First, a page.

Influence operations are also on the rise, as nations attempt to spread their narrative, manipulate populations and encourage citizens to vote for a particular party. In the next 18 months, around two-thirds of eligible citizens in democratic nations will have the opportunity to vote. So, cyber influence campaigns are expected to increase for the rest of the year and throughout 2024.


Microsoft sees China’s state-sponsored cyber groups closely adhering to the country’s geopolitical strategy by having two main goals: intelligence gathering and influence. They are known to be targeting US defence and CNI, nations around the contested South China Sea, and even their own strategic allies. Their influence operations are aimed at citizens in many different countries via lots of social media and news platforms.


Ukraine and NATO member states comprise the bulk of Russia’s targets. CNI, think tanks, transportation businesses and of course government agencies are routinely threatened. Many of its influence operations seek to change European citizens’ minds about the war in Ukraine. To make the work of security analysts more complex, Russia hosts many financially motivated cybercriminal groups which further the goals of the state.


While Iran’s top targets remain Israel and the US, it’s widened its sights to target countries in Europe, including NATO members. There’s also evidence that Iran, which has grown in sophistication over the past 12 months, is coordinating influence operations with Russia. The two already cooperate with media campaigns.

North Korea

Western mainstream media organisations have reported more on this isolated state in recent years, including that its cyber operations are primarily used to extort money to finance its secretive missile and nuclear programmes. Financial gain drives the majority of North Korean cyber-attacks which is highly likely due to economic sanctions inhibiting other streams of financial generation. South Korea and its close ally the US make up over 50% of Pyongyang’s attacks.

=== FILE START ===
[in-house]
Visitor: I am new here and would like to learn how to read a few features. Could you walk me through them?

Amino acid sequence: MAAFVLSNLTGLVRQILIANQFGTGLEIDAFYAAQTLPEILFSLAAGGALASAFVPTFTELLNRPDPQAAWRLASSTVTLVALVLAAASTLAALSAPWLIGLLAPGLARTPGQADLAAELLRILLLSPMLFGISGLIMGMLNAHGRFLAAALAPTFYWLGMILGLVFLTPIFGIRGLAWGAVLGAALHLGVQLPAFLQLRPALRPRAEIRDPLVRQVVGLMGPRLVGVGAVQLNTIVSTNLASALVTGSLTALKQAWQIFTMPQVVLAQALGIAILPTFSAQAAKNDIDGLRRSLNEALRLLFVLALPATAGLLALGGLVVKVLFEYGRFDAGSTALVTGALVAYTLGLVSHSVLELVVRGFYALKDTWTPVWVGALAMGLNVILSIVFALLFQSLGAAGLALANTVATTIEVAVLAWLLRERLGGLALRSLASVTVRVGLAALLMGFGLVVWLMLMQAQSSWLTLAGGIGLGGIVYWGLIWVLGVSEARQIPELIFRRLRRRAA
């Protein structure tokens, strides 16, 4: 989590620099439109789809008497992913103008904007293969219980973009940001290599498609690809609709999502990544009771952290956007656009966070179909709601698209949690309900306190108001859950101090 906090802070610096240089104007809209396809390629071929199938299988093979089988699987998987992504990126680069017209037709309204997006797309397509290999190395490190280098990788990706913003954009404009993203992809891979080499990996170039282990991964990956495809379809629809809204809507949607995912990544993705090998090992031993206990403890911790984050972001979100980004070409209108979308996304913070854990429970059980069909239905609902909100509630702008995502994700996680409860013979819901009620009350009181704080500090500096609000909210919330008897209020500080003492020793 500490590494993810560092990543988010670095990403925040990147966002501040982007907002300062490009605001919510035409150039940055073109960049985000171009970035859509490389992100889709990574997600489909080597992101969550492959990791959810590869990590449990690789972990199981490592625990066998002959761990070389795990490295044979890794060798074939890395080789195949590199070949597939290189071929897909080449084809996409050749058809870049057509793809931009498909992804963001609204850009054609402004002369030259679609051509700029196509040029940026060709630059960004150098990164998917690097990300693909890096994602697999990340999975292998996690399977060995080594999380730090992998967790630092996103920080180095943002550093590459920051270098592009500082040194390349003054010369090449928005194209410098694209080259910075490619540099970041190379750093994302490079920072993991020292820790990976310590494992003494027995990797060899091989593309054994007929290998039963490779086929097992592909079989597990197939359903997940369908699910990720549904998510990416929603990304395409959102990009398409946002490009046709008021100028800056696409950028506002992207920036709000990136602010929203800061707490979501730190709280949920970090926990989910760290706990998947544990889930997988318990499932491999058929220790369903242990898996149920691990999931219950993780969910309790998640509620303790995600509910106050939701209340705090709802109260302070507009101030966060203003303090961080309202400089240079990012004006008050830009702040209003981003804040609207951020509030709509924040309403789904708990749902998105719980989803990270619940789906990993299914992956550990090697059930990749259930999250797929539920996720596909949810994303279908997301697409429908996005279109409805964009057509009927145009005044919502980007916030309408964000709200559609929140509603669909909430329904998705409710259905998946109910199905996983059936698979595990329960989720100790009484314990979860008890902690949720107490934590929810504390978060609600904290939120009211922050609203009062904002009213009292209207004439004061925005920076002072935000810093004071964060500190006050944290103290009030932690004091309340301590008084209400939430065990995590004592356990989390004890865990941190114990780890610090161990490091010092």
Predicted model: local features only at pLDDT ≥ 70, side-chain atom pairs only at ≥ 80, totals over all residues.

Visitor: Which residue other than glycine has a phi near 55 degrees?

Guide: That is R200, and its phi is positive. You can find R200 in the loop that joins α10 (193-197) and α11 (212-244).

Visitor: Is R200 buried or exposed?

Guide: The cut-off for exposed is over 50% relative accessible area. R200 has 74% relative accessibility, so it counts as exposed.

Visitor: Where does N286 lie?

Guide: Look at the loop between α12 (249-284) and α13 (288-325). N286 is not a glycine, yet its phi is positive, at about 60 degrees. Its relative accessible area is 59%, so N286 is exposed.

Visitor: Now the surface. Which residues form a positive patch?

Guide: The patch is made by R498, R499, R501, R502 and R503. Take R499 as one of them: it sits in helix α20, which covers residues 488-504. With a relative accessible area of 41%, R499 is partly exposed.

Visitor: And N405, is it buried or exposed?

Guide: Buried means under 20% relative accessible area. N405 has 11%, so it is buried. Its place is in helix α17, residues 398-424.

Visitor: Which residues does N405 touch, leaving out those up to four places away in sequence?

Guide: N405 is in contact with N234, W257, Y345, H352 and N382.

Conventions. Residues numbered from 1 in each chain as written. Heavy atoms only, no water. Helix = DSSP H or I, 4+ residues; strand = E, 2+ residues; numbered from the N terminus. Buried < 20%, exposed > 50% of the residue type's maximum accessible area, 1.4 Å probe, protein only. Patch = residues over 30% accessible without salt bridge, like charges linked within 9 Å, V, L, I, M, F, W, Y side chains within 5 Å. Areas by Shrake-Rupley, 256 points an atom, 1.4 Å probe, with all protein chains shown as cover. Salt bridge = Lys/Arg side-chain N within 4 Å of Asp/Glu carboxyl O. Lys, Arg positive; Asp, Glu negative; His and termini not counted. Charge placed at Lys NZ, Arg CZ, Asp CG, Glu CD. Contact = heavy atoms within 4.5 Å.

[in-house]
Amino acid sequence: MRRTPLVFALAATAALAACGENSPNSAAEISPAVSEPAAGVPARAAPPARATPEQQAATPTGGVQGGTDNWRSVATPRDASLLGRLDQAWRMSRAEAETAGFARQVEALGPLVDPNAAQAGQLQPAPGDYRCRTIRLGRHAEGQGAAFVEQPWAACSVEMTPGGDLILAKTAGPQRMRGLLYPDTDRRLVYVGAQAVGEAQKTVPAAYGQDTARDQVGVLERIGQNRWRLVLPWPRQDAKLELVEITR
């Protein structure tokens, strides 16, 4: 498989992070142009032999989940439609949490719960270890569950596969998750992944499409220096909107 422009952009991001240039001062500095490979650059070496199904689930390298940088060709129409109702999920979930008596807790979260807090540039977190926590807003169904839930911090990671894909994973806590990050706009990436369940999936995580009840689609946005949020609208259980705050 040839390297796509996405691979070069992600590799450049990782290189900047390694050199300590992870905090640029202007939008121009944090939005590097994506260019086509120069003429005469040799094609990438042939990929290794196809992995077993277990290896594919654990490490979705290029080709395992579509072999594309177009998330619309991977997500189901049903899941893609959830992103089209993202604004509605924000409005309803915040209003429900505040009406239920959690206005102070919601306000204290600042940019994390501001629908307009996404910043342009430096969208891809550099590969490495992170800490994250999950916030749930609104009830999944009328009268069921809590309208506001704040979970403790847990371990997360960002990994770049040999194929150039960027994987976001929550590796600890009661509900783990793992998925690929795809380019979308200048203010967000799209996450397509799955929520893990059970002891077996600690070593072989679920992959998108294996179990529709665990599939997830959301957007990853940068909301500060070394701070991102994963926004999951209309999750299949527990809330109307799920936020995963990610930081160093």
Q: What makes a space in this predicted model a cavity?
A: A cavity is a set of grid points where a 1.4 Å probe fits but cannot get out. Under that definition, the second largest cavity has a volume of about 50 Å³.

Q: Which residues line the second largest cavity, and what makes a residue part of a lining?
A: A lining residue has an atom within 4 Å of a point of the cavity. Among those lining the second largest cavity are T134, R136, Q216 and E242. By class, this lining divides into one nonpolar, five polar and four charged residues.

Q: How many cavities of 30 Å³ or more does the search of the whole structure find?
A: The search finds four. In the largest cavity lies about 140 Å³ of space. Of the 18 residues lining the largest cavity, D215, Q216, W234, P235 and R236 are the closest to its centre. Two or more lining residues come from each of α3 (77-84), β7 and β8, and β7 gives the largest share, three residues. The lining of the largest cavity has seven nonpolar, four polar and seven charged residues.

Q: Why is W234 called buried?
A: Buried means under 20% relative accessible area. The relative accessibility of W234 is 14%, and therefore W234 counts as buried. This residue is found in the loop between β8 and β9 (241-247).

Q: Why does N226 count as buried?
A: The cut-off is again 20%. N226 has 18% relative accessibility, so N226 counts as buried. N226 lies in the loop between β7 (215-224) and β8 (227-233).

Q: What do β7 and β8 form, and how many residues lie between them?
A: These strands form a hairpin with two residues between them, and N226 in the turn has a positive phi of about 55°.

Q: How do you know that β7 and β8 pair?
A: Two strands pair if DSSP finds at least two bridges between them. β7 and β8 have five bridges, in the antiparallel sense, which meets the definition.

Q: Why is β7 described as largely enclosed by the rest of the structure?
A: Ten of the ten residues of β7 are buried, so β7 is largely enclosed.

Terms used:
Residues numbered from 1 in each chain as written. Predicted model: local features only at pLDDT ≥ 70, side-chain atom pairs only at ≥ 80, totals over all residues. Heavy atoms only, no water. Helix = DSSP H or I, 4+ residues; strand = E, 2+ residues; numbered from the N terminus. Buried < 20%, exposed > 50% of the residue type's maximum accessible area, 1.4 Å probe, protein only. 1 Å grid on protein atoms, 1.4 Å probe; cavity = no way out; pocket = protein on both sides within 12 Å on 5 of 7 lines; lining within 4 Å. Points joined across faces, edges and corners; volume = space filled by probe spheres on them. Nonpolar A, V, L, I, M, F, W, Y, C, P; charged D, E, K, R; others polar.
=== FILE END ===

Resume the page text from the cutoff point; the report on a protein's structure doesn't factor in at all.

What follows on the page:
Palestinian threat actors

In early 2023 security experts started tracking a group known as Storm-1133 based in Gaza. Evidence has been gathered of it trying to breach Israeli defence, transport and energy organisations. In October 2023, Storm-1133 conducted strikes against Israel, almost certainly in coordination with kinetic activities.

Cyber mercenaries

A different emerging threat that Microsoft stresses is very serious is that of cyber mercenaries or private-sector companies that have been seen selling their technology to governments and other organisations around the world. Microsoft states that one of its missions is to actively shut down such actors to prevent them from doing harm. The Digital Defense Report states that, “The explosive growth of this market poses a real threat to democracy and the overall stability and security of the online environment.”
Microsoft has teamed up with over 150 partner companies to fight back against mercenaries and make cyberspace a safer place for everyone.

Learn more about cyber threats

Quorum Cyber regularly publishes advice and updates on the latest threats. You can find our threat intelligence bulletins, malware reports and threat actor profiles on our website. And, of course, if you believe you’re experiencing a cyber-attack, please call our Incident Response team on 0333 444 0041 and we’ll help you right away.